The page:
"That's a bold bit of speaking coming from one so small," the Bear King growled back. "You had better watch what you say or your careless words will take you down a path of woe."
When Ursan the Bear King saw that no grown man could be hired to help him he returned and called to Mookaleen to come with him.
"You'll have to do," he said. "Get your things, little man and follow me." So before his parents could say goodbye young Mookaleen gathered a few belongings in a sack and followed the stranger down the road and up to the mountains to seek his fortune in the strange, wild world.
Chapter Two - The house of Ursan the Bear King
After walking for many days, over meadow and fields, through the gray woods and up the lonely mountain, until Mookaleen thought his very feet would fall off his legs, they finally came to the house of the Bear King and what a terrible, miserable place it was! Bones were in piles in front of the house and bones were all behind. Nary a stitch of work had been done for the place in more years than you or I can imagine, but Mookaleen was not dismayed. Being a stouthearted lad he put his things in the barn where he was to sleep and set about putting everything to rights.
He thatched the roof and he glazed the windows. He cleaned the bones away and dug sod to plant in front of the house so there was a nice green carpet before the house. Then he planted a garden of flowers and fruit behind the house so that soon it was pretty as a picture. Before long Mookaleen had cleaned the house from top to bottom until it was fit for a fairy queen. Now off to the side of the house was a little stone shed that the Bear King kept locked fast as a miser's purse. And he told Mookaleen to stay away from it or he would beat him with a willow switch from morning till sunset. Mookaleen managed to stay away from the little stone shed for a week or so until one night he heard the noise of a shuttle passing to and fro and a fair voice singing soft at a loom.
"Hilla illa illa e oh,
Sad am I, my darling
Never more to see you, no
Nevermore my darling."
The song was so sad and so full of tears that Mookaleen's young heart broke quite open and he set himself to help whatever poor thing might be locked inside that dark hut. Being a resourceful lad, a plan came to him quite quick and he started right away to build a large barrel. He filled that huge barrel full to the brim with clean, warm water and told the Bear King that he would have to start learning to bathe if he was to be ready to be married in the Fall like a proper gentleman. So before the sun was too far up across the sky the Bear King was soaking in the washbarrel, drinking a large cup of honeymead, with steam rising off the hot water just as warm and comfortable as soup in a pot. While the Bear king was soaking, Mookaleen tiptoed off to the shed and picked the lock in two beats of a bird's wing. And in the shadows, sitting no farther away then I am from you now, do you know what he saw?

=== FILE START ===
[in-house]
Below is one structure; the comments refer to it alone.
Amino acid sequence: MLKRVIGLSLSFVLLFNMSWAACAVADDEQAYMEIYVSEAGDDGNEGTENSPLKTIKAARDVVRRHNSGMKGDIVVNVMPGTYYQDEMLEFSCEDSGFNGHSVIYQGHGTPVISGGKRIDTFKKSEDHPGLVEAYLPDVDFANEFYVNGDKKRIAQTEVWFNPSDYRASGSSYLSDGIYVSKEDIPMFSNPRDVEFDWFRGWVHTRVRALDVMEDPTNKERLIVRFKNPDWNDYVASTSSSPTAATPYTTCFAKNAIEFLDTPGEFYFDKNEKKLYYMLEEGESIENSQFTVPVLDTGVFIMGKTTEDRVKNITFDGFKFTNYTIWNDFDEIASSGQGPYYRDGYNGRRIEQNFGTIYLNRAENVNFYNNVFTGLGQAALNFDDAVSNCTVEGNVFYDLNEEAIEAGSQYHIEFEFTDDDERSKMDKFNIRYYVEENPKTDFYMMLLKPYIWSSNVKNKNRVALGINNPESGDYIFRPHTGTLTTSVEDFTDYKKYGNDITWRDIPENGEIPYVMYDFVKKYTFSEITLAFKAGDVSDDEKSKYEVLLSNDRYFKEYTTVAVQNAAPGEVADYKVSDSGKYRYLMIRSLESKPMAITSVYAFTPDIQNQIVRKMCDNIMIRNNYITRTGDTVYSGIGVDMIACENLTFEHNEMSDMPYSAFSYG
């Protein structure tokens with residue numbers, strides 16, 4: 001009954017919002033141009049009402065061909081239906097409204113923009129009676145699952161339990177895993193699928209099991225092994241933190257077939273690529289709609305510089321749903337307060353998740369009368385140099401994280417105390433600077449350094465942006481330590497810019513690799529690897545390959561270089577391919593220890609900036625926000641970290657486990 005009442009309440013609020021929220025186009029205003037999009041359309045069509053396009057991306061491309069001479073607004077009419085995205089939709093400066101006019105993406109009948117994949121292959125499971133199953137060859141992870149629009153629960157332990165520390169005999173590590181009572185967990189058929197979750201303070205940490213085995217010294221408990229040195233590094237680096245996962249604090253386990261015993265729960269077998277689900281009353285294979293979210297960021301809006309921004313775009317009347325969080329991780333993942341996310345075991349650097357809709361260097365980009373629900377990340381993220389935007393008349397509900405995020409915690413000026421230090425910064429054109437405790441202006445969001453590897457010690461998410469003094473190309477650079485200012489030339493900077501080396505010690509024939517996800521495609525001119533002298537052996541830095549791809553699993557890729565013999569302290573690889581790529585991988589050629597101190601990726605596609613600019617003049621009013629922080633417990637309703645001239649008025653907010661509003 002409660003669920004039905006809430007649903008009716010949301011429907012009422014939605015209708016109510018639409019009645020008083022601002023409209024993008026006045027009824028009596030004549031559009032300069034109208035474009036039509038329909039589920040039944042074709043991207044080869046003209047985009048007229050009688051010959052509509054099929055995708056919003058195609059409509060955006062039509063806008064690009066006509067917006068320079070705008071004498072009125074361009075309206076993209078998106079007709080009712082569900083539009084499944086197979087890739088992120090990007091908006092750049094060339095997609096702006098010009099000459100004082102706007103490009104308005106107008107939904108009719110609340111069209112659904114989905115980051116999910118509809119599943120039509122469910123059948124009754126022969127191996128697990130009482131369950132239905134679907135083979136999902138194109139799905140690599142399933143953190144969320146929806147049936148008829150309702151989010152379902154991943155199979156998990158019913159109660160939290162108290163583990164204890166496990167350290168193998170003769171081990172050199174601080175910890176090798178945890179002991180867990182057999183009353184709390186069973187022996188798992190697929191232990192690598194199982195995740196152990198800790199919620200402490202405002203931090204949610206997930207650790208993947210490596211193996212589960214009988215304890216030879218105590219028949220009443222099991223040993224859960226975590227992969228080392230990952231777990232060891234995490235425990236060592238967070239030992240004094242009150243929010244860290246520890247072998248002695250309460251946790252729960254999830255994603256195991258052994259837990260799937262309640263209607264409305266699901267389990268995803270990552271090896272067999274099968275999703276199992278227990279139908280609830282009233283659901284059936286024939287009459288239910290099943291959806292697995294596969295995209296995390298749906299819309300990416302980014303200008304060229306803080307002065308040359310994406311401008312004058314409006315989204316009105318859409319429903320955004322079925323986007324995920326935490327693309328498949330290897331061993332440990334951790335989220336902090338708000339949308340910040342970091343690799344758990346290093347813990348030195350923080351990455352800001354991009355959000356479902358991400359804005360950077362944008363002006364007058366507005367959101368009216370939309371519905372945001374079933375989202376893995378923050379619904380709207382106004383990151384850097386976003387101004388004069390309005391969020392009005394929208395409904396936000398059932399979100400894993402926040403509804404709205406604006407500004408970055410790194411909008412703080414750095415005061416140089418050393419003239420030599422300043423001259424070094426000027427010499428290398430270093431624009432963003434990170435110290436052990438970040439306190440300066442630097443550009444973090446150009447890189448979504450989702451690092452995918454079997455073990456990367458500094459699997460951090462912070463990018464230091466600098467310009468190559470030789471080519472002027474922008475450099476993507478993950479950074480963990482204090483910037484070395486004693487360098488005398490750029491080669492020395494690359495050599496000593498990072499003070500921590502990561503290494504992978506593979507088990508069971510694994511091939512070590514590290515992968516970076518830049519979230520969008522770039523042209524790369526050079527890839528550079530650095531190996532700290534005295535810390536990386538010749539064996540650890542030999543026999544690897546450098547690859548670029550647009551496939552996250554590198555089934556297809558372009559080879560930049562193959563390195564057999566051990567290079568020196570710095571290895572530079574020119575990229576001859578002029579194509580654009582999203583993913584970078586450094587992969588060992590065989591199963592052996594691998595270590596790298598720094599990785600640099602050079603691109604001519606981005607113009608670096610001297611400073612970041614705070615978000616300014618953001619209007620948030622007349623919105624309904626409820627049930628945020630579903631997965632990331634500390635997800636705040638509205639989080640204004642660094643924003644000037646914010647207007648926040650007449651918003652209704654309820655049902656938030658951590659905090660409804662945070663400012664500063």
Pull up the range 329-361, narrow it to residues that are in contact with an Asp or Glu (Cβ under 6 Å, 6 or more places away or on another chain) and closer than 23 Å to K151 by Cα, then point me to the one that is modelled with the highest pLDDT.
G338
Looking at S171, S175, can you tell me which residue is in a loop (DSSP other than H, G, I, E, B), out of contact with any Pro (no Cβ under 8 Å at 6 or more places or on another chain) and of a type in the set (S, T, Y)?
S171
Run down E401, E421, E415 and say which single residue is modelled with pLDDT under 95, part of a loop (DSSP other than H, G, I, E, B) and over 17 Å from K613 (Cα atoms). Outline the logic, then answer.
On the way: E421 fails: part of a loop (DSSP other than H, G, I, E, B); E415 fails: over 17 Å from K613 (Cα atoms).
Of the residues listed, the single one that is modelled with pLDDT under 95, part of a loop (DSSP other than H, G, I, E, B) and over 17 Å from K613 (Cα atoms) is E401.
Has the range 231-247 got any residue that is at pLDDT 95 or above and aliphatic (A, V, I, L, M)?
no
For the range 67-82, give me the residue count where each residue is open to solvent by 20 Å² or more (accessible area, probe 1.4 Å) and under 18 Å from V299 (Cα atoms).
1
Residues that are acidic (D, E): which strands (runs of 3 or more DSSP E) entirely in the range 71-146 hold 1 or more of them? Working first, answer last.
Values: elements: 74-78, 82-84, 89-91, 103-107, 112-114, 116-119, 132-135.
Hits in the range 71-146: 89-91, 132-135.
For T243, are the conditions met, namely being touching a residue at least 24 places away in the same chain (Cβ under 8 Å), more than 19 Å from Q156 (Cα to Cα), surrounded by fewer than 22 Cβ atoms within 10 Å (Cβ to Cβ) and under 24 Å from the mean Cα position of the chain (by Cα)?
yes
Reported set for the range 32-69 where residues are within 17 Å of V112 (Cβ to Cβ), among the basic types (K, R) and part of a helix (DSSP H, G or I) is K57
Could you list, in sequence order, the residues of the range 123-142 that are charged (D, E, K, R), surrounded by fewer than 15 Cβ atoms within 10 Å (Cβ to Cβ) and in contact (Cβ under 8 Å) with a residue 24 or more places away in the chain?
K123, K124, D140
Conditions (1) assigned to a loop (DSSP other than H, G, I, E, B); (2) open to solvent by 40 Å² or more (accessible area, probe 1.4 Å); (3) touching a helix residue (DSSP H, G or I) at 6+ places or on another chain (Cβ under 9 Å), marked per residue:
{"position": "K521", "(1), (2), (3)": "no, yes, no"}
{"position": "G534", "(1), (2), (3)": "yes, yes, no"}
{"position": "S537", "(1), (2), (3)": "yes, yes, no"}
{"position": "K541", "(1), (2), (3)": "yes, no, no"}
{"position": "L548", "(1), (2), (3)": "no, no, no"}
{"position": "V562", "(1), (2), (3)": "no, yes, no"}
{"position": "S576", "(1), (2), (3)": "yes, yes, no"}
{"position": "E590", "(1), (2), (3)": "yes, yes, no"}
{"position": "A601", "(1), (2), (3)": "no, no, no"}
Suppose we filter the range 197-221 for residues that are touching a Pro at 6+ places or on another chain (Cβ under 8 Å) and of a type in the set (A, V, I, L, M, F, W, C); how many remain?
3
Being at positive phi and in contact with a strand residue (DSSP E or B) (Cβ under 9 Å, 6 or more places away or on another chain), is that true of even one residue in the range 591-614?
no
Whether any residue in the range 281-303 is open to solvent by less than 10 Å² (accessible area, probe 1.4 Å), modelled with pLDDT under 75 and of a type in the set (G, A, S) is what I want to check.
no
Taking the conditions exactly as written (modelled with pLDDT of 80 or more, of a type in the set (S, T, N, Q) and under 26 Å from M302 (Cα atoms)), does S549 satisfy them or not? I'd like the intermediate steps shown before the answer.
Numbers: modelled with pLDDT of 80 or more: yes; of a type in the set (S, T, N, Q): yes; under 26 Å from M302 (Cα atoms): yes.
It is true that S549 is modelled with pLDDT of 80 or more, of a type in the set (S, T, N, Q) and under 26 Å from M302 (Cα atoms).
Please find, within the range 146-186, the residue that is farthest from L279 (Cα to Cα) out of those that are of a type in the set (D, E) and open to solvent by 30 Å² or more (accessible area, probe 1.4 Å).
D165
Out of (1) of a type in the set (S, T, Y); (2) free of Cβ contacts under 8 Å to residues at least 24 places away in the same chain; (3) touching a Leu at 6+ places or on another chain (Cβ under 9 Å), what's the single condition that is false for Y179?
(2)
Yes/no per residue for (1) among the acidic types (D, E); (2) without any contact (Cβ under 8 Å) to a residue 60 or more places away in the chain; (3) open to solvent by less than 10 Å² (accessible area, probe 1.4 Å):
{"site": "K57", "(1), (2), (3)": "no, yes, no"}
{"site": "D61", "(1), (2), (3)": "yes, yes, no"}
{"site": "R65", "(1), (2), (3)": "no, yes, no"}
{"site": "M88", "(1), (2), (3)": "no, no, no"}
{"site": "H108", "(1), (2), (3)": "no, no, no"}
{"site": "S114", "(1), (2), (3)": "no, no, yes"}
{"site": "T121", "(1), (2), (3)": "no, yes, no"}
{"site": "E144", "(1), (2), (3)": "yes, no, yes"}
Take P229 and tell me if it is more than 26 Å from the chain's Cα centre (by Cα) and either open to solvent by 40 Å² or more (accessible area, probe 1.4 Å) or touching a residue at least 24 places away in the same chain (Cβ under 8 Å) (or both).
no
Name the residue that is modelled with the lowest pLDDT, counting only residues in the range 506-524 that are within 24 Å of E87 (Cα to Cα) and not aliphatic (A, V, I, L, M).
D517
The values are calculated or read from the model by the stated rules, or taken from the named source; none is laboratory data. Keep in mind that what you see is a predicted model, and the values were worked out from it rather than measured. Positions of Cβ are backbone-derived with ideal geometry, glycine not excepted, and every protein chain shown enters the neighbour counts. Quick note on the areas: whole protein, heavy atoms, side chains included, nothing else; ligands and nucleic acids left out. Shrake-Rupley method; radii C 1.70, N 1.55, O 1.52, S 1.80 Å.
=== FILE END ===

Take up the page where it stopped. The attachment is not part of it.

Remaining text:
He saw a beautiful girl monkey, dressed in fine clothes and a fine gold circlet about her ears. A long silver chain fastened her ankle to the loom locked tight as a coffin. And the monkey girl said,
"Who might you be?"
And Mookaleen replied,
"I am Koshka Mookael, called Mookaleen by most and who are you and how did you come to be locked in this awful place?
"I am the Princess Palmleaper and I have been kidnapped by Ursan the Bear King. He says that we are to be wed this autumn when the leaves fall like fire from the trees." Then the Monkey girl took to weeping as if she were sorrow herself.
"Now shusha, shusha, shusha!" said Mookaleen, worried that the Bear King would hear her mournful cries. "I'll help you if I can, miss." Then he started to pick the lock of the chain that held her fast to her loom. He had almost solved the puzzle of the lock when the Bear King came in, waving a willow switch and roaring like the very Hounds of Holyglen. He grabbed Mookaleen with one hand and the willow switch with the other and beat the poor boy up one side of the mountain and down the other until the sun set in the west as it always does. Poor Mookaleen could not move for three days he was so bruised and sore.
"I'll not let the Bear King get the best of me," he thought as he lay on the wet ground. "I have learned how to be a Baker and a Cooper and a Tailor and a Greengrocer and Blacksmith and ever so many other things. I think that it is time for me to learn to be a Thief." So on the morning of the third day he got up and washed himself off. Then Mookaleen made breakfast for his master as he always did. After the Bear King had eaten half a side of mutton and four great bowls of beer and thirty seven pancakes he went to take a nap on a hillside in the hot summer sun.
"Would you be minding if I took a bit of breakfast to the monkey girl?" Mookaleen asked, as easy and free as if he were talking to his mother. "She looked a little of this side of thin to me and you don't want your kinfolk talking on your wedding day, do you now?"
"Aye, go on," growled Ursan the Bear King. "But if I catch you trying to steal her away from me then it'll be the worse for you, little man."